Game on in mill fight

IT'S ``game on'' in the fight against the Tamar Valley pulp mill, as details of the proposed legislation to make the $2.3 billion project more attractive to potential buyers were released yesterday.

Under the proposed legislation to be debated in a special sitting of State Parliament next week, a new proponent would have until April 2017 to start building the pulp mill.

The 2007 Pulp Mill Assessment Act gave Gunns four years to ``substantially commence'' work on the site. 

The time extension and related amendments effectively quashes any existing or future legal challenge to the validity of the permit such as the Tasmanian Conservation Trust's Supreme Court action arguing the permits had expired because ``substantial work'' had not started. 

Greens leader Nick McKim said it was ``game on''. 

After criticism for his blase approach to the proposed legislation to strengthen the pulp mill permits last week, Mr McKim was talking tough yesterday.

He gave the strongest indication yet that the party would move a no-confidence motion in their previous power-sharing partners in a bid to block the legislation.

``We will use every parliamentary mechanism at our disposal to delay or derail this abhorrent piece of legislation.''

Greens Bass MHA Kim Booth has already vowed to attempt to bring down the government before debate on the legislation begins, calling for an inquiry into the government's interference with a live court case.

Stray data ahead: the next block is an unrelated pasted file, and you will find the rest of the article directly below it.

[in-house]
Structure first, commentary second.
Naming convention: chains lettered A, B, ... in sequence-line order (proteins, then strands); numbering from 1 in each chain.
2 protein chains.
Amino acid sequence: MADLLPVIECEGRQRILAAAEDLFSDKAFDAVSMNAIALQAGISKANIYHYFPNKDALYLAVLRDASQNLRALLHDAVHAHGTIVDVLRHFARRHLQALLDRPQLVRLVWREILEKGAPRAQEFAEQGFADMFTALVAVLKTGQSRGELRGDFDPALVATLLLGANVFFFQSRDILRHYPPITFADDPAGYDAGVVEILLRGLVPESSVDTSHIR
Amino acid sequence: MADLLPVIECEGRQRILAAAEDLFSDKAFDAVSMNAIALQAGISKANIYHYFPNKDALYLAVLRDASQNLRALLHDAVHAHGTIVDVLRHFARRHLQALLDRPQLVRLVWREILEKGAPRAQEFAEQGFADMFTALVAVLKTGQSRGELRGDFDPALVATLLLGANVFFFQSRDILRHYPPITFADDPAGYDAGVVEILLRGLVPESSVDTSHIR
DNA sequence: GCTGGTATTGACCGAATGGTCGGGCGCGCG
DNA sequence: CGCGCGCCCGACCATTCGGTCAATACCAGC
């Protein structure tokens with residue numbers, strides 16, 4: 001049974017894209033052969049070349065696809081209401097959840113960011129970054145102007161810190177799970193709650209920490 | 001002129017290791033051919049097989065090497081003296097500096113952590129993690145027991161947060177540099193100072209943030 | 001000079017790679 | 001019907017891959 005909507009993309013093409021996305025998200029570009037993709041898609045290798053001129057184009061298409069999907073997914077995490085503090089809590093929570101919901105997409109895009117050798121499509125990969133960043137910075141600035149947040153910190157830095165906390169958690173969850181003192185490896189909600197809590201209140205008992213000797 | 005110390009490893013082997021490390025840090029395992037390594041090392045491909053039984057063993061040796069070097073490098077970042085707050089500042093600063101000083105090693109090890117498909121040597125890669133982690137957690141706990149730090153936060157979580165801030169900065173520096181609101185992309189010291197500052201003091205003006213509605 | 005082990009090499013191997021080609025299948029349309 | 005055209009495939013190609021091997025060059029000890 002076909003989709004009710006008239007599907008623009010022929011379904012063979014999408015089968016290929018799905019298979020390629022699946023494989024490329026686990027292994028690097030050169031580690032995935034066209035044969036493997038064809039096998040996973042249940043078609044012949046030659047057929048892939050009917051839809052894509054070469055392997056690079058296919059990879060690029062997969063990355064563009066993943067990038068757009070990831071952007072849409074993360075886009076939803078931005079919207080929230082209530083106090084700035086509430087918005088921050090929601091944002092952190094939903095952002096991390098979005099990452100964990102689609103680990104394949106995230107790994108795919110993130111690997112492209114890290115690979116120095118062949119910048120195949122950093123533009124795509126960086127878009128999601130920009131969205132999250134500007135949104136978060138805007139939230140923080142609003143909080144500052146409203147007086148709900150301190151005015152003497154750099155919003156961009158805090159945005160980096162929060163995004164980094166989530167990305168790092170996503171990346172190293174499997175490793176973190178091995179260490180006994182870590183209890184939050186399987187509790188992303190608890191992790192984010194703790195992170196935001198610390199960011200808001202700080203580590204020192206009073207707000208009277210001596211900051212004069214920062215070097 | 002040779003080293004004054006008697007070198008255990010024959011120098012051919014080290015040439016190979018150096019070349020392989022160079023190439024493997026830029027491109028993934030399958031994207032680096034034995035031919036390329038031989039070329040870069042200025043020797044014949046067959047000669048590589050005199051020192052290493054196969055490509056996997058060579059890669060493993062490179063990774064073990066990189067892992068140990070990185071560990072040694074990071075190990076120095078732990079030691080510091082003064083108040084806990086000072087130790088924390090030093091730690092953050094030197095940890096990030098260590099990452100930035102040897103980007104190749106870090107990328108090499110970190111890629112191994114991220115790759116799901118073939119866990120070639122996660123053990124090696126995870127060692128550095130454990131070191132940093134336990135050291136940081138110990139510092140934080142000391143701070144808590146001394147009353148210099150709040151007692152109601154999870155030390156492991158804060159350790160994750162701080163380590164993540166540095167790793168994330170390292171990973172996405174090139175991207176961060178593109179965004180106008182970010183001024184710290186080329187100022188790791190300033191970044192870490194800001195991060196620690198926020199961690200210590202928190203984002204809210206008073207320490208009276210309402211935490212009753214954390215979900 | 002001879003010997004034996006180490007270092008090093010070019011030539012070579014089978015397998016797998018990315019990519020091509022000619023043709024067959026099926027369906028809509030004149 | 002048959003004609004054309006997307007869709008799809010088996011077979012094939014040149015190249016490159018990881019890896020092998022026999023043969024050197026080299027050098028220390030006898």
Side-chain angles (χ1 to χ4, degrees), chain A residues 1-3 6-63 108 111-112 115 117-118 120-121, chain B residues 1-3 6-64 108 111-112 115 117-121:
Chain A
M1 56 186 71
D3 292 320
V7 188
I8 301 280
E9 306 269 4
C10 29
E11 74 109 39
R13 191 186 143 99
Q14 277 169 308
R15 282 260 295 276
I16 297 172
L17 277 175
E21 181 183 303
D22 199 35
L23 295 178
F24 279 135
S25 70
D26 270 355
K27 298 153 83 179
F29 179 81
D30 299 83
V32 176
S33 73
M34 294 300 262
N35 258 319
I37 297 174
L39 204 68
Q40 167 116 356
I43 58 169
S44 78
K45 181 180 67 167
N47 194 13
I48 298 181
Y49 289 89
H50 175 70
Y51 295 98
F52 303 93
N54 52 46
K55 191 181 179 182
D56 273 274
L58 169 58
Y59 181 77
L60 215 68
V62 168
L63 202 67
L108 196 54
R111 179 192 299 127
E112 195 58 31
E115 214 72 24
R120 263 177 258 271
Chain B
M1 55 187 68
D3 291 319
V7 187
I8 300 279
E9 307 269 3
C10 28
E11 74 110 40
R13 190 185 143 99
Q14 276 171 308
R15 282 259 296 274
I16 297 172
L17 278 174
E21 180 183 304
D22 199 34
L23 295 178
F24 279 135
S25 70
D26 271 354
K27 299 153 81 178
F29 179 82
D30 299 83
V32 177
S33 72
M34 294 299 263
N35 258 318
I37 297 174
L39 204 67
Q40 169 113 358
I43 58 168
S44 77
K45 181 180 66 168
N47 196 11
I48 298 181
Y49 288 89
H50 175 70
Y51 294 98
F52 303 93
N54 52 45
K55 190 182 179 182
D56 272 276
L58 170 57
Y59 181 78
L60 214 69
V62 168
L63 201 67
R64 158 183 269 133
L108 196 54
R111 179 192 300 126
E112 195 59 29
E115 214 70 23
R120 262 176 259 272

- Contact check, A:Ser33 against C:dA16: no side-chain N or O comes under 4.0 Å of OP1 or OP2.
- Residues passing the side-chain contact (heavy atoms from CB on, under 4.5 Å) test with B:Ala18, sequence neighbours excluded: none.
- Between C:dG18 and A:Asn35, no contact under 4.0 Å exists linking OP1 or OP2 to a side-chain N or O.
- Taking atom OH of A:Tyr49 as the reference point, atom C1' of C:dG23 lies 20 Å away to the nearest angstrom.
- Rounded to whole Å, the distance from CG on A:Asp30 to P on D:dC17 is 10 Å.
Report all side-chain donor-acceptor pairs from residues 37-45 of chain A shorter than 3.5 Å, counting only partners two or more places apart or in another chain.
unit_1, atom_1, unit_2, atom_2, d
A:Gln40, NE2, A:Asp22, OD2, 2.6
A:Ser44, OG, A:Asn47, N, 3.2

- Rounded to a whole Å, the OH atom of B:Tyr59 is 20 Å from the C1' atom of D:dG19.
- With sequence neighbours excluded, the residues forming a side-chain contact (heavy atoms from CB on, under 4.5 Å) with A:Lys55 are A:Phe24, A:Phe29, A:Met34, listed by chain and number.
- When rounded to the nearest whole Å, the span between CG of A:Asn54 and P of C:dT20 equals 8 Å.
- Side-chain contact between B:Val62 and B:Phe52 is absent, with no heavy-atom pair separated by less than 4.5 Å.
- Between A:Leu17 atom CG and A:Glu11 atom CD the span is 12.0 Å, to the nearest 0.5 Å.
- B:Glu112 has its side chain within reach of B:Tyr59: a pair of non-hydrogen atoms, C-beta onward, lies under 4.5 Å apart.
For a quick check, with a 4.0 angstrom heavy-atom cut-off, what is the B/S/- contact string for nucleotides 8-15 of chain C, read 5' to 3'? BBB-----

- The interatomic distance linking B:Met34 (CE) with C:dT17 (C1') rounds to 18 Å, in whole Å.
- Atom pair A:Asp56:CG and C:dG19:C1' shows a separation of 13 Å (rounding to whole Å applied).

``This is corruption with a capital C,'' he said yesterday. 

Gunns receiver KordaMentha wrote to the Premier in September requesting any doubt about the validity of the permits be removed.

A KordaMentha spokesman said yesterday the receivers were getting a legal opinion on the proposed legislation, but said it appeared it went beyond what they suggested. 

Tasmanian Conservation Trust director Peter McGlone has not ruled out challenging the amended legislation in the High Court. 

The legislation is expected to pass with the support of the opposition. 

However, Liberal Leader Will Hodgman said he was concerned Gunns assets could be sold without the mill being built. 

``The fact is the best security a purchaser could have is a majority government, and only the Liberals are able to deliver the majority government needed to make the pulp mill a reality,'' Mr Hodgman said.

KEY CHANGES

--Pulp mill permit extended from four to 10 years.

--Prevents any legal challenge to the permit's validity.

--Cements the right to sell the pulp mill permit.

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